Follow this guide, if for some reasons Wake-On-Lan is not working, even if you enabled it in the BIOS.
Get all ethernet interfaces:
Check if it supports WoL using
sudo apt install ethtool # enp1s0 could be different on your machine sudo ethtool enp1s0
The output will look something like this:
Settings for enp1s0: Supported ports: [ TP MII ] Supported link modes: 10baseT/Half 10baseT/Full 100baseT/Half 100baseT/Full 1000baseT/Full Supported pause frame use: Symmetric Receive-only Supports auto-negotiation: Yes Supported FEC modes: Not reported Advertised link modes: 10baseT/Half 10baseT/Full 100baseT/Half 100baseT/Full 1000baseT/Full Advertised pause frame use: Symmetric Receive-only Advertised auto-negotiation: Yes Advertised FEC modes: Not reported Link partner advertised link modes: 10baseT/Half 10baseT/Full 100baseT/Half 100baseT/Full 1000baseT/Full Link partner advertised pause frame use: No Link partner advertised auto-negotiation: Yes Link partner advertised FEC modes: Not reported Speed: 1000Mb/s Duplex: Full Auto-negotiation: on master-slave cfg: preferred slave master-slave status: slave Port: Twisted Pair PHYAD: 0 Transceiver: external MDI-X: Unknown Supports Wake-on: pumbg Wake-on: g Link detected: yes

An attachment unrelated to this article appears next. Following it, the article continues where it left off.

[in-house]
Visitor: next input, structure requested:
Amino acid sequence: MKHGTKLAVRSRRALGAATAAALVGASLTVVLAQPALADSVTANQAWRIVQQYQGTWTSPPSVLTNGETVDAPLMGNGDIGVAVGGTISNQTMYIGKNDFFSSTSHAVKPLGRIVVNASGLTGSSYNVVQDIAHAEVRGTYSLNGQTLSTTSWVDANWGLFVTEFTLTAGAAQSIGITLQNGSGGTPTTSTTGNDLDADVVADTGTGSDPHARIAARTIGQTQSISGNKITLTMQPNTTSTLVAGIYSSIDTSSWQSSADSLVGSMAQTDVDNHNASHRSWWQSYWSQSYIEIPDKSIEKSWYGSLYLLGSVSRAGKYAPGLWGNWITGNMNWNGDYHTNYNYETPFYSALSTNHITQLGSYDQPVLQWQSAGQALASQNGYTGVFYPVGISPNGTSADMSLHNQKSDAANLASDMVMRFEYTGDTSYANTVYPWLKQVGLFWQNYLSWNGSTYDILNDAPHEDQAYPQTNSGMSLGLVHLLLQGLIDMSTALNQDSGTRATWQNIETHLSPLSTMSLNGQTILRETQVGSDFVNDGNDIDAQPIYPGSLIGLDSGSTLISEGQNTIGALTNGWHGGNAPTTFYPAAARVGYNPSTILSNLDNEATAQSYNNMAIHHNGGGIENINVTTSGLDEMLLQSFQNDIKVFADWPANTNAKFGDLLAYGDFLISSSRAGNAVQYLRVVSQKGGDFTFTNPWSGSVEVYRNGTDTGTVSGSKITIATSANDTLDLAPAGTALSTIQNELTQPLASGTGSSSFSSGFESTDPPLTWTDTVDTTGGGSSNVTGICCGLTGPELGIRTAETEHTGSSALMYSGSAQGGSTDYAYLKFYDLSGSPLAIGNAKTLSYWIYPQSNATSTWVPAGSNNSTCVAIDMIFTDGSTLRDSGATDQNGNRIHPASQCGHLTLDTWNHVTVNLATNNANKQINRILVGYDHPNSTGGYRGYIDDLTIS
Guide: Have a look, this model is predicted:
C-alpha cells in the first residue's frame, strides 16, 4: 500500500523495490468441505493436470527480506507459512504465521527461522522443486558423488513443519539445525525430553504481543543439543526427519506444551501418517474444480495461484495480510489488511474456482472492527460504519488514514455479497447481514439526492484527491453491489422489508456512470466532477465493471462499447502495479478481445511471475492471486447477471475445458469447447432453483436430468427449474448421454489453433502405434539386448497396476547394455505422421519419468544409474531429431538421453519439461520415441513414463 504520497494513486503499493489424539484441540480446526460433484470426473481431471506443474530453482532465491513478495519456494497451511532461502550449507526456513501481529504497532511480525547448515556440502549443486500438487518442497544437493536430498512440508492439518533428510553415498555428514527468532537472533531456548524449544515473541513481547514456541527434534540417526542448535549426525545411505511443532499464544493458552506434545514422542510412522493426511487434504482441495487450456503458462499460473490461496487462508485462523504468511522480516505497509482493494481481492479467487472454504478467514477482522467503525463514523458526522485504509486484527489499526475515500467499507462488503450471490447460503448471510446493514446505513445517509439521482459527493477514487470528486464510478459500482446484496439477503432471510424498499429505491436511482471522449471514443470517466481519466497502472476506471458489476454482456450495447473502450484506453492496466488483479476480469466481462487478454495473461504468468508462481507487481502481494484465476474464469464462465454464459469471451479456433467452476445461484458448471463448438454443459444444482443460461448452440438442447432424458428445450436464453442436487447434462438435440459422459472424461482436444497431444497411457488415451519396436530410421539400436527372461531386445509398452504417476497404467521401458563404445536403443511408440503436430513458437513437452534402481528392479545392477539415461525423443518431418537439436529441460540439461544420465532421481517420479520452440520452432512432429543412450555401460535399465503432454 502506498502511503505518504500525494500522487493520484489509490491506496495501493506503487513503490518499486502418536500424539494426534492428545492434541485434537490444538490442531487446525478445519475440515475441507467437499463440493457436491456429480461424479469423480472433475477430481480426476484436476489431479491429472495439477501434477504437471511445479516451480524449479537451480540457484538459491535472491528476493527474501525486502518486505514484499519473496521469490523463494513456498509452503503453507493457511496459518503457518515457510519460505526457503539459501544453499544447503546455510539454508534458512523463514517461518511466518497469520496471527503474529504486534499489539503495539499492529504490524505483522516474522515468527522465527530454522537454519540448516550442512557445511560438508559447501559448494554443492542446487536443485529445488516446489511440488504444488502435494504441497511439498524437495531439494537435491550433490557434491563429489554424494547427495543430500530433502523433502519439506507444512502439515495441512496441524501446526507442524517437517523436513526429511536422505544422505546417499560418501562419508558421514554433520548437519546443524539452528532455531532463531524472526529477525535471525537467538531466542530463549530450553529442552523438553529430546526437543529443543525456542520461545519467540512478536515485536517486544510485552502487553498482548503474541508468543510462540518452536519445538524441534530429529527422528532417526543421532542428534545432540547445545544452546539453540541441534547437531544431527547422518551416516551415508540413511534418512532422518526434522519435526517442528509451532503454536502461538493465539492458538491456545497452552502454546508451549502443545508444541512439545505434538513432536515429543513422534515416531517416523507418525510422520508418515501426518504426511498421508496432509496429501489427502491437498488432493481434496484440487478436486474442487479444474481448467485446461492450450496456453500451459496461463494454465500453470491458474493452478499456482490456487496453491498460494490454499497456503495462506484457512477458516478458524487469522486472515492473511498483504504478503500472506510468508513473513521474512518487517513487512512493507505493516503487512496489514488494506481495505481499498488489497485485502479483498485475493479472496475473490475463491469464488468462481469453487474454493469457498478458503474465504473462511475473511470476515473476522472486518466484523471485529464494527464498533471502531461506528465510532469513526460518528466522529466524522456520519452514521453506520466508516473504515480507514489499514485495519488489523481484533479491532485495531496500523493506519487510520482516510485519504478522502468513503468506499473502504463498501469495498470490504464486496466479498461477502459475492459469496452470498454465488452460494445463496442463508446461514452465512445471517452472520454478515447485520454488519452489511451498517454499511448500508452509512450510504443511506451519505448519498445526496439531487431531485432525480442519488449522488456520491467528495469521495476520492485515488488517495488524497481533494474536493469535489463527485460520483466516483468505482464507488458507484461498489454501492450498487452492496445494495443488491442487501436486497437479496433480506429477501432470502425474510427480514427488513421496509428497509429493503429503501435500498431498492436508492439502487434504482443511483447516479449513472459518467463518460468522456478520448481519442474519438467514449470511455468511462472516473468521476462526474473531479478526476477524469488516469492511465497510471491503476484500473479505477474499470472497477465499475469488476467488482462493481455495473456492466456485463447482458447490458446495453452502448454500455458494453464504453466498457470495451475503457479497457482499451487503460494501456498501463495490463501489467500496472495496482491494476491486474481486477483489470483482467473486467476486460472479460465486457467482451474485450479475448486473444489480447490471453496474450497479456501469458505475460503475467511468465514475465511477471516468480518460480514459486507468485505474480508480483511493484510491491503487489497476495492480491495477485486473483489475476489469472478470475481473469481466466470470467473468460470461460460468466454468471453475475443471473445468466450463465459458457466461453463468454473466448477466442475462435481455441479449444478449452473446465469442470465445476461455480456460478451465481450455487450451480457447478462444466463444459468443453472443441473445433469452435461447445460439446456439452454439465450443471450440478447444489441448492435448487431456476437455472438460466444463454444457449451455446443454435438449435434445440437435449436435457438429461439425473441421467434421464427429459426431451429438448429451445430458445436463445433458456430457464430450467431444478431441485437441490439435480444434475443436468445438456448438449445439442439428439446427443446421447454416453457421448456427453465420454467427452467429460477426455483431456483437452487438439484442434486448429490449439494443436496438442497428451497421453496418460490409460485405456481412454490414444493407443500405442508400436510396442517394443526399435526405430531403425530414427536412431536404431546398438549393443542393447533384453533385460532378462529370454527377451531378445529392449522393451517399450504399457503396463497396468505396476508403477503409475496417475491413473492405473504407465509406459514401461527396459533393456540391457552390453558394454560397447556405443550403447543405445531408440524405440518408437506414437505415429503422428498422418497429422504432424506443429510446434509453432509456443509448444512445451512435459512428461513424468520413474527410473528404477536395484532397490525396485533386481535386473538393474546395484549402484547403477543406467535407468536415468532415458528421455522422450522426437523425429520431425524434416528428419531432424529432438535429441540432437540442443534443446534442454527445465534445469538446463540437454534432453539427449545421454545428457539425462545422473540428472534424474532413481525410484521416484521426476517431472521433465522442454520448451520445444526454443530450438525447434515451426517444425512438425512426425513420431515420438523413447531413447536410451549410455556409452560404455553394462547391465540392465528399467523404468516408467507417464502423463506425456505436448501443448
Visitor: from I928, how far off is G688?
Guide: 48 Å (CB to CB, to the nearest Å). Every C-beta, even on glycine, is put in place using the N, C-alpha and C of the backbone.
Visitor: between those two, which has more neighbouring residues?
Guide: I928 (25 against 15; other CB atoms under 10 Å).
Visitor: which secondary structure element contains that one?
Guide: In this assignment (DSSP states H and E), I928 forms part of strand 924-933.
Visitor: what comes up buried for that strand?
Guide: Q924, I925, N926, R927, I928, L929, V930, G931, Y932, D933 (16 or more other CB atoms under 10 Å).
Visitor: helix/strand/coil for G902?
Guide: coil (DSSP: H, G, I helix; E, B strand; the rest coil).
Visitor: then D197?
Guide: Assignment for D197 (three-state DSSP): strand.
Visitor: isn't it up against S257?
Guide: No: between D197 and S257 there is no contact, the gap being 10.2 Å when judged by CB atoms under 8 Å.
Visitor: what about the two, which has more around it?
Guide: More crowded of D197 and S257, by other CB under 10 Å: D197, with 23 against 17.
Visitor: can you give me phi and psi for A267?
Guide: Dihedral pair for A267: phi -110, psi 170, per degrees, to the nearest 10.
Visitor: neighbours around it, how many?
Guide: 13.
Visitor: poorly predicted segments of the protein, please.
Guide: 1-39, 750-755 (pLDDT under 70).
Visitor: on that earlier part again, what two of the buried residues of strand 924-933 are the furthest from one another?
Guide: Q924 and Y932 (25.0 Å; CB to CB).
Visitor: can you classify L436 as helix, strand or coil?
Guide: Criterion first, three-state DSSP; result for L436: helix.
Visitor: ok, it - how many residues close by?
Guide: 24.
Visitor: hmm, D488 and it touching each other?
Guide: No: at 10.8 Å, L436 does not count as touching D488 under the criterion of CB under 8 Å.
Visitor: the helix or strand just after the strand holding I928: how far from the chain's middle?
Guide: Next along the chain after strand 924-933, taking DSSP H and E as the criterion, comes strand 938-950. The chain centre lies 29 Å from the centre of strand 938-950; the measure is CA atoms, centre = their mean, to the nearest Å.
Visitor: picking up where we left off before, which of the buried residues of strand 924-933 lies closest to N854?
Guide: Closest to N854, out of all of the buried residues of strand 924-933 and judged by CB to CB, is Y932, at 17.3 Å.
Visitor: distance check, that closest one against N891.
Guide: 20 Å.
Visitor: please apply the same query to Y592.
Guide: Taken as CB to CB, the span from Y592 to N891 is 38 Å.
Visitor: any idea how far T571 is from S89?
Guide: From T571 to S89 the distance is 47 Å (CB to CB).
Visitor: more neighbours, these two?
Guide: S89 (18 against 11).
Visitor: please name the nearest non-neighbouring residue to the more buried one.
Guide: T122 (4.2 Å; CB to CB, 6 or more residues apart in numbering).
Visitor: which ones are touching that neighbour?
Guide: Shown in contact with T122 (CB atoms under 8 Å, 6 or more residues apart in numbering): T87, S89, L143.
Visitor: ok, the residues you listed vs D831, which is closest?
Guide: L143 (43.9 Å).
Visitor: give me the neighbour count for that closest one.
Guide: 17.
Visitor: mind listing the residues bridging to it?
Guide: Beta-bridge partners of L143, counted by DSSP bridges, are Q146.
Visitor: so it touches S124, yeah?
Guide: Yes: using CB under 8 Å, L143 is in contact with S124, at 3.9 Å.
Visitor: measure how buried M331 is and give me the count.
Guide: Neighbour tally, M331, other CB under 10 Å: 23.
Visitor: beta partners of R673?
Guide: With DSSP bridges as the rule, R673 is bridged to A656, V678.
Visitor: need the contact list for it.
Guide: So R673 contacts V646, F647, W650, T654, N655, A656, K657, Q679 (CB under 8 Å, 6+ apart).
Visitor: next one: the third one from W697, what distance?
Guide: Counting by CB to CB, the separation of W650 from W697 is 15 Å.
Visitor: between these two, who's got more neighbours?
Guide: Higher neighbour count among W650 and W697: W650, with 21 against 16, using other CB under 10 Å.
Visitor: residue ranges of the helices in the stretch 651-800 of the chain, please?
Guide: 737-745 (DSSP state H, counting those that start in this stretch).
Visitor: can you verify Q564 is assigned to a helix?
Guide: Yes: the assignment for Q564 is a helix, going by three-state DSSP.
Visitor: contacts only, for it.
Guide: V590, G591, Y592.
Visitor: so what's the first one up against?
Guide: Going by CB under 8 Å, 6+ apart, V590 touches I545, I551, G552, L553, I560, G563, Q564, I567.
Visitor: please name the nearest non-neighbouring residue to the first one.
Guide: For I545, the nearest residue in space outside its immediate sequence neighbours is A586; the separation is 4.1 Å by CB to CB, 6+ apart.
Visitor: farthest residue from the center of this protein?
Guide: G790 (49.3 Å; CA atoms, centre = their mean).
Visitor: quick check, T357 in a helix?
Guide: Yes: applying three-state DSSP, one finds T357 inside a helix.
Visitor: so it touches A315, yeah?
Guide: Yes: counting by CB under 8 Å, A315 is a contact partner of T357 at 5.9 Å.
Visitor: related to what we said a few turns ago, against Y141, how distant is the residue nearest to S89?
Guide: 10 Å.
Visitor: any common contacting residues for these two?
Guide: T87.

Note the line
g means enabled,
d is disabled.
If you want to enable it permanently you can do so in a netplan configuration file:
network: version: 2 renderer: networkd ethernets: enp1s0: dhcp4: true wakeonlan: true enp2s0: dhcp4: true wakeonlan: true